My Breastfeeding Story: Breastfeeding The Second Time Around - The Benefit of Confidence and Knowledge for New Baby Care
The next in our series of real mums’ stories and accounts of breastfeeding…
Second time mum, Lisa, reflects on what she learnt from breastfeeding her first child and how she approached her new baby care with confidence, even with the challenges she faced along the way!
Will breastfeeding be easier second time round? This is a question I asked myself a lot but despite being sure I would have more confidence second time around, I was terrified by the memory of the early weeks. I wasn’t going to let it put me off and I held onto the fact that it gets easier. Within weeks it becomes second nature and the toe curling pain when the little monkey first latches on does ease!
I had a very different birth with my second son and sadly not at all the normal ‘easier’ second birth that everyone tells you about – this one ended up in some sort of horror show (I’ll spare you the details), but I did feel like I was an extra in Greys Anatomy, which I loved!
Gorgeous little Otto arrived on 2nd Jan at 16.21 and boy oh boy am I smitten! After 48 hours of fun and games (AKA labour) I was beyond shattered but within seconds of Otto being born he was on my chest having skin to skin and once in recovery, about 20 minutes later, I was getting him latched on.
Now, this was the first very big difference from my experience breastfeeding my first son – when I had no idea what I was doing! Sadly, the midwives were too busy and me and my husband were manically googling ‘How to Breastfeed’ and ended up watching YouTube videos to help! It was all a bit fraught and I was so stressed – which we all know doesn’t help!
Second time I tackled breastfeeding right away – rather than gently, nervously showing Otto where to go, like I had Toby – I basically put my boob in his mouth. I also squeezed lots of colostrum rubbing it on his lips and getting the taste in his mouth. This worked a treat and within hours he was latching on.
Whether it was my knowledge and experience from feeding Toby, or Otto was always going to find it easier than his big brother, breastfeeding has gone really well for 6.5 months now, though it was not without its hurdles!
The first week of Otto’s life was spent in hospital while he was treated for jaundice. This was a really tough time as all I wanted was to be home with my new baby and my little boy who was definitely aware mummy was not around. It’s also not ideal to be figuring out your feeding while in a hospital ward, especially when you add the pressure from all the doctors telling you to give formula - it was a challenging few days.
I was furious that doctors first port of call was formula and I had to be very stern telling them to go away –they were basically implying what I was doing for my baby wasn’t right. It was pretty demoralising but I just felt sure I was doing the right thing. Now I want to be clear, I would never ever have risked Otto being really poorly, but I was day 2… day 2! My milk had not even come in and they were telling me to give a bottle. I refused and insisted that they gave me a pump if I needed more milk. I got on the Symphony and pumped as much as I could.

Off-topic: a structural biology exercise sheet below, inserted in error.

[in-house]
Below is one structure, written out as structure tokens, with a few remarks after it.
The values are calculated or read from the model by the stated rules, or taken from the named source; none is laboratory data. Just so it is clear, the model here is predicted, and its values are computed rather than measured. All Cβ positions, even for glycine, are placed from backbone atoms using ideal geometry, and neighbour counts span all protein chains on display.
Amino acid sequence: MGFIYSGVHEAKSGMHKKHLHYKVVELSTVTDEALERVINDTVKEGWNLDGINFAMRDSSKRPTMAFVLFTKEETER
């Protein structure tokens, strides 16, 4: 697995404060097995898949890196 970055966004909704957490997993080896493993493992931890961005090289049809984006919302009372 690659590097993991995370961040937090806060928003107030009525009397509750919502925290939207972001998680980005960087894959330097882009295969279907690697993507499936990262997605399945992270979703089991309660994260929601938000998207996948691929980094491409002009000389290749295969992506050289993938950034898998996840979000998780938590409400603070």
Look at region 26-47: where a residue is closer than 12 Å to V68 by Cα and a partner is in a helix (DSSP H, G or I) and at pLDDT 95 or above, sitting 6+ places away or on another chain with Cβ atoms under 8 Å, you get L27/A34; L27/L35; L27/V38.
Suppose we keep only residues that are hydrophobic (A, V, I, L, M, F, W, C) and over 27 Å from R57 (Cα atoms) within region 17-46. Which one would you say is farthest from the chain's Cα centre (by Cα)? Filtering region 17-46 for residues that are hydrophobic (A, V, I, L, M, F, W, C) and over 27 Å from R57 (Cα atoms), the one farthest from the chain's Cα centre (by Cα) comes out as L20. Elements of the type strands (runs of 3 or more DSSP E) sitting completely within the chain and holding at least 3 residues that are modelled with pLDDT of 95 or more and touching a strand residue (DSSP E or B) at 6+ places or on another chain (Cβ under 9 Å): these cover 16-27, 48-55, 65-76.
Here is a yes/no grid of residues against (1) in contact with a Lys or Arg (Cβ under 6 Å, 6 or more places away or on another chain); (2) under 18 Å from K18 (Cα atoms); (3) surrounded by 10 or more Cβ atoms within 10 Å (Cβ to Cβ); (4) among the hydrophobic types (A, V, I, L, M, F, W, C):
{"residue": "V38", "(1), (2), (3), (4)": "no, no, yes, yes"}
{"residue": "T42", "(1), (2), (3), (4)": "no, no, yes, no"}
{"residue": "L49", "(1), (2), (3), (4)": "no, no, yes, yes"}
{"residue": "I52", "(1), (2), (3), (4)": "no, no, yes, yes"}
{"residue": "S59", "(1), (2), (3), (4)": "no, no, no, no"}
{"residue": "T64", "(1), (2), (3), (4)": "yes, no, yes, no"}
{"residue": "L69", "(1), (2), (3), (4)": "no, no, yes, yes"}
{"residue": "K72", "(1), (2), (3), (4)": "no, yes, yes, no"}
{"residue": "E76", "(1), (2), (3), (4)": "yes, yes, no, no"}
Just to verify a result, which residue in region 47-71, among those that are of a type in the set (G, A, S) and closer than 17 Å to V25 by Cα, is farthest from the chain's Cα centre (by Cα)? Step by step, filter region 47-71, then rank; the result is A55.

I had confidence in my body and knew that I absolutely did not want to threaten breastfeeding Otto by supplementing at this early stage – but, the me three years previous when I had Toby might have caved under the pressure. Read up, get second, and third opinions and believe in your body! I did not give Otto formula, despite 3 doctors being very insistent and he was just fine.
You feel a little hopeless when your gorgeous baby is suffering and under the blue light – but during his time in hospital Otto was prodded every few hours and had many, many blood tests. I breastfed throughout as much of this as I could, and it definitely calmed him.
Another hurdle we had to jump was the fact Otto was diagnosed with Club foot. Otto was put in a cast at 2 weeks old and wore this (changed weekly) for 5 weeks. In a time when you are mastering a basic breastfeeding pose or maybe attempting the rugby position – throwing a cast into the mix took some getting used to! I tried many positions and we got there in the end.
Otto then moved onto Boots and Bars, which is a device that fixes his feet in a position. He initially wore these 23 hours a day for 3 months – this felt like an eternity at the time, but I am so happy to say he now just sleeps in them and will for five years. These presented yet another challenge as his legs were in a fixed position. Figuring out how to feed to ensure he was comfy and could latch on well took a lot of practise and patience. Initially I could only really feed when sat on the sofa with cushions… but I learnt some tips and could eventually feed out and about again.
The treatment in parts has been uncomfortable for him and breastfeeding him throughout has been important to me, so, although it was more challenging than expected, it was worth every minute of what felt like acrobatic breastfeeding at times!!! I was also able to breastfeed during all the casting process which was just wonderful and really comforted Otto.
Otto now has teeth (and he bites!) and I am back to work full time, so I feel our journey may be coming to an end… sob! I will be so sad as I know it will be the last time I breastfeed and there is just nothing that compares to those snuggly breastfeeding moments. So, although my boobs will never return to their former glory (that was questionable anyway) I am so glad I persisted breastfeeding both of my sons, it is an achievement I am very proud of and will never forget.
Thank you to mum, Lisa, for sharing her breastfeeding experience. If you would like to share your breastfeeding story please email, firstname.lastname@example.org